Most of all, it would be wonderful to be able to tell dogs how much better they have made our lives and how much happier we are because of them. We can show them great loving kindness and hope they get the message, but it would be so amazing to express these important sentiments and know our dogs understood them fully.
What do you wish you could tell your dog directly, in simple English (or your native language if it’s not English) if you had that capability.
Dog's Life: Lifestyle
Program gives at risk teens and homeless pups a future.
Dogs have a way of bringing out the best in people. A great example of this is in programs that teach prison inmates to work with shelter pups (as well as future service dogs). These initiatives have resulted in reduced re-incarceration levels and increased adoptions.
In Georgia, the Department of Juvenile Justice started a new program this summer that gives teens and homeless dogs a second chance to change their lives. Rescue 2 Restore expands on the idea of the classic prison pup program to make an even bigger impact on at risk kids.
Rescue 2 Restore, run by Friends of Dekalb Animal Services founder Chrissy Kaczynski, aims to teach valuable life lessons through positive animal interactions, volunteer projects, and community partnerships. The pilot program is running at Muscogee Youth Development Campus (YDC) in Midland, Ga. and Elbert Shaw Regional Youth Detention Center (RYDC) in Dalton, Ga.
During the 12-week program, a shelter dog is paired with one of the approved participants. Chrissy then organizes weekly training sessions to show the teens how to teach basic cues, like sit, stay, and walking on leash. They also prepare the pups for the AKC Canine Good Citizen Test. After the 12 weeks are over, the dogs go back to the shelter to find their forever home.
Since the program's launch, eight shelter pups have participated. Dogger, Nora, Pansy, Rosie, Roxie, Tag, Bella, and Panda were chosen because of their medium size and friendly temperament. Six of the dogs in the first group have already found their forever home, while Pansy and Tag are still available for adoption.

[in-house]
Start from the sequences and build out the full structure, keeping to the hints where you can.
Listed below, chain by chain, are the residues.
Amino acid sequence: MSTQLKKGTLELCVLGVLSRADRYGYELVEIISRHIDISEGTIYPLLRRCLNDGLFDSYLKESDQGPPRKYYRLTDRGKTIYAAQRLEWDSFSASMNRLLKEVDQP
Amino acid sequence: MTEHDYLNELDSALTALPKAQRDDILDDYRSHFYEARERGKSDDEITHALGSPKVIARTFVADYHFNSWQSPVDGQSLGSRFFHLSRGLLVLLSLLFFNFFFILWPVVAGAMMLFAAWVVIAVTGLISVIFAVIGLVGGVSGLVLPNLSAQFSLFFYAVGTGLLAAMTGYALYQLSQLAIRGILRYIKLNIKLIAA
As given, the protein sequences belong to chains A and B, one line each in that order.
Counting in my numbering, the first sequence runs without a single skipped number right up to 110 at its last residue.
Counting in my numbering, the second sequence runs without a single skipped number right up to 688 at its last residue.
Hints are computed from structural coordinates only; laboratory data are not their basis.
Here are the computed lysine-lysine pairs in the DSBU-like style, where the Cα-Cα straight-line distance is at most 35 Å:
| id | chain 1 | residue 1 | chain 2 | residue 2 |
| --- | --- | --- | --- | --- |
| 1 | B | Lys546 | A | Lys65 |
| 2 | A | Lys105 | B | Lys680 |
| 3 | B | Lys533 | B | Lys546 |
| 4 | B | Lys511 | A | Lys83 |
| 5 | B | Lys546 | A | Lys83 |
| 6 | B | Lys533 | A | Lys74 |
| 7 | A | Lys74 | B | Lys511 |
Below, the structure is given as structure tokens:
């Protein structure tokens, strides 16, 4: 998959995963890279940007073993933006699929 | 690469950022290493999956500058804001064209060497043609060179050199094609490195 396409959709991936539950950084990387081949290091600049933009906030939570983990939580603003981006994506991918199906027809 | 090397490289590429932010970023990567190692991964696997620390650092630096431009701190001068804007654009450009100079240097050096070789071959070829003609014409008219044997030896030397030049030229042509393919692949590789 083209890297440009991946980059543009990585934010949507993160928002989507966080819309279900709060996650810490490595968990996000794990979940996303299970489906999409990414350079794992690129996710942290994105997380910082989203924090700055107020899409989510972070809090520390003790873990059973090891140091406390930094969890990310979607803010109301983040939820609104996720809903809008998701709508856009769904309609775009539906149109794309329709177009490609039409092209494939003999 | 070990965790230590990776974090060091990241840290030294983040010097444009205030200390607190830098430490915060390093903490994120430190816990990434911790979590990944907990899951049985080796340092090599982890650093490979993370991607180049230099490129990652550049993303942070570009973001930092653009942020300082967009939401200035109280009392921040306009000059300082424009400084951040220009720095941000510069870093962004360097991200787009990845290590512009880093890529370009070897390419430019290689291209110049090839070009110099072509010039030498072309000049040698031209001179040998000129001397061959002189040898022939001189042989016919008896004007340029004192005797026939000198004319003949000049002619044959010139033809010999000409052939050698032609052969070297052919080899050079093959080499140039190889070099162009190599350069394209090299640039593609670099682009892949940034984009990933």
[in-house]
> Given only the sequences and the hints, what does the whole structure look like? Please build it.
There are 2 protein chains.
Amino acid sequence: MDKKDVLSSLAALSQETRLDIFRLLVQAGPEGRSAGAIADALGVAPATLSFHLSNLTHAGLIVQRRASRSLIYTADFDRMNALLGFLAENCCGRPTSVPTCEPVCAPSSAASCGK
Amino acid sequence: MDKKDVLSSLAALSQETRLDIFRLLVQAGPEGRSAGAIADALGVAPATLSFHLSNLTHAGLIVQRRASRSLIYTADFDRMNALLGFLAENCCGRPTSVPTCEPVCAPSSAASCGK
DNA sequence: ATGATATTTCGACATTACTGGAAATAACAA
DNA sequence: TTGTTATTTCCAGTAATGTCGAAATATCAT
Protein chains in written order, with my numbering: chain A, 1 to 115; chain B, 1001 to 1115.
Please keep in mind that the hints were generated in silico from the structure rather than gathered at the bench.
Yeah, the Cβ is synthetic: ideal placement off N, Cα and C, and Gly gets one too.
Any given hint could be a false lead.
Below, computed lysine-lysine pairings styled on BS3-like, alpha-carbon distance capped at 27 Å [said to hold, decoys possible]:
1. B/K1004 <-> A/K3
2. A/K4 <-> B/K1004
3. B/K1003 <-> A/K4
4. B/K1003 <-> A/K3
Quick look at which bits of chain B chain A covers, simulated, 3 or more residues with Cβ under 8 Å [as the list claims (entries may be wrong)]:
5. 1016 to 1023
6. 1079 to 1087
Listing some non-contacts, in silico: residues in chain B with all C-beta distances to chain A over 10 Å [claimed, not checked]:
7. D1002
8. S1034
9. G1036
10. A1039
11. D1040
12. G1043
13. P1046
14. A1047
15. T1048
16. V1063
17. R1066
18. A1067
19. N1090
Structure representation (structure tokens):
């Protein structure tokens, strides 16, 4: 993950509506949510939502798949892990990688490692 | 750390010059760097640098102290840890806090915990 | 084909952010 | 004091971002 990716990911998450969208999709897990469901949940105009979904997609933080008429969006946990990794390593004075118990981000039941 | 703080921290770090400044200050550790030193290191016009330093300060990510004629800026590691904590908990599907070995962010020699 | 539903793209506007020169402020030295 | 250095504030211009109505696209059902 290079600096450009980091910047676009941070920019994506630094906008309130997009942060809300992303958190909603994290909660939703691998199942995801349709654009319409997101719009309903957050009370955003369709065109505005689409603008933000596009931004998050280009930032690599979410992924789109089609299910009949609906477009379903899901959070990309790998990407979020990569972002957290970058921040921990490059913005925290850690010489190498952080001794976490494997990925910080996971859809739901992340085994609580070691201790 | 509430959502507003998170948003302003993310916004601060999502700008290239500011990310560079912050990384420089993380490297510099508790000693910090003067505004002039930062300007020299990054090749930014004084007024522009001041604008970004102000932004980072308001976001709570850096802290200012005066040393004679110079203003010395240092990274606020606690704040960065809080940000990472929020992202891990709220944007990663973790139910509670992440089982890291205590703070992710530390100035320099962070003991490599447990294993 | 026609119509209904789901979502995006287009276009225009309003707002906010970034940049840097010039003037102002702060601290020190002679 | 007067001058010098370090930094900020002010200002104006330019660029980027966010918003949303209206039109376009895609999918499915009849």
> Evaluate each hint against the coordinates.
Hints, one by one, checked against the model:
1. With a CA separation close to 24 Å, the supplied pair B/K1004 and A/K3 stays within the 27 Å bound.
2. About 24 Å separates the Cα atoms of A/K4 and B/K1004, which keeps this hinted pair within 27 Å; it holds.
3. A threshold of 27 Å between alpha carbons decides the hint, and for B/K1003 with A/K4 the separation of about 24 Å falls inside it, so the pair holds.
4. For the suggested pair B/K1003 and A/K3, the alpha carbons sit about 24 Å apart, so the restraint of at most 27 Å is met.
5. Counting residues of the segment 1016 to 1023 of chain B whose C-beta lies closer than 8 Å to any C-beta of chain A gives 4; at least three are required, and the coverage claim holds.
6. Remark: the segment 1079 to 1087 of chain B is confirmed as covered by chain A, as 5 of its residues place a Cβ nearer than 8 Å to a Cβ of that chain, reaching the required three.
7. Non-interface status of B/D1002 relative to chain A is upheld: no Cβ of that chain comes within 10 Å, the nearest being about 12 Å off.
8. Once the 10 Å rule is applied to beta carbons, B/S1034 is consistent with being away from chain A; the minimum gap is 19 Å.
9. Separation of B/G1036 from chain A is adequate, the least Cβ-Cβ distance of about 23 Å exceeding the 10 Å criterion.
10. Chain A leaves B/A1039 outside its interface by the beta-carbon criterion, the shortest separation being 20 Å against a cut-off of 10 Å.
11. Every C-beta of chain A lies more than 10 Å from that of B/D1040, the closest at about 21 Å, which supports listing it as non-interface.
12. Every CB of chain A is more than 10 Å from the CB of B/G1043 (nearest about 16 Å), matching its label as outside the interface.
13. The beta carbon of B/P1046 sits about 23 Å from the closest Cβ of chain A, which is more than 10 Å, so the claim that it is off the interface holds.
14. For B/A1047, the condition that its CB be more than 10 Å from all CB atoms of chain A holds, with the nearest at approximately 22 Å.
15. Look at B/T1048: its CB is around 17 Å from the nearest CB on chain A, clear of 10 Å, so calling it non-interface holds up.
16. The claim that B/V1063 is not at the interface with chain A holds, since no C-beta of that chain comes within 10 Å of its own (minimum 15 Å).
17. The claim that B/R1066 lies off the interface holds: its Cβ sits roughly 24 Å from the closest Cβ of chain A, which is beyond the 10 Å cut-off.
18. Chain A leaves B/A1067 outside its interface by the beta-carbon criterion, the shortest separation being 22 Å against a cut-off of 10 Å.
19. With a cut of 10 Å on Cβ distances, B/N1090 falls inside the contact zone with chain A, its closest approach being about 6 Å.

What makes Rescue 2 Restore unique is that it's not just about the training. The program involves service projects, like making dog houses and volunteering at the Houston County Humane Society, and talks on animal welfare, rescue, abuse, and training.
Past speakers have included Anna Bettina from Happy Healthy Pup on the benefits of positive reinforcement training, Lauren Janis from Big Daddy Biscuits on starting her own business, Aimee Davis of “Pitties in the City” on pet care and misunderstood Pit Bulls, and Katharine Luongo and “Zaxby The Chicken Wing Dog” on overcoming challenges.
I love how well rounded this program is in terms of getting the teens involved in the community and the focus on learning. You can really see the possibility for building compassion and giving these kids a second chance.
Currently the program is running in two of Georgia's 26 juvenile detention centers, and Chrissy hopes to expand the program to more locations next year.
For more information on the programs, or if you're interested in adopting one of the dogs, email Chrissy at ChristineKaczynski@djj.state.ga.us.
Dog's Life: Lifestyle
Dog remains ever hopeful
In this video, a dog tries repeatedly to convince a statue to play fetch with him. He places his stick at the statue’s feet over and over, but never gets the response that he wants.
Of course my response to watching this was laughter, but it really made me think. Why is this dog undaunted by the statue’s unresponsiveness? I’m guessing that most people do engage in play with this endearing and persistent dog, but some may not respond right away. Perhaps this dog is accustomed to trying multiple times before people toss the stick for him.
On the other hand, we need to explain why it has escaped the dog’s notice that he’s approaching a statue, not a live person. Perhaps he just sees a human shape and immediately equates it with the prospect of playing fetch without the need to assess other details of the situation. Maybe this dog has paid little attention to many aspects of human behavior. “They throw sticks for me,” might be all he has taken in. Or, maybe the statue is just too realistic for him to discriminate it from live people, especially if he has no prior experience with statues.
Here’s a dog who apparently views people as stick throwers, and has probably had great success with that view of the world. To him, any human form is a potential stick thrower, and he has not had the opportunity to learn to distinguish humans who can throw sticks from statues of humans that cannot.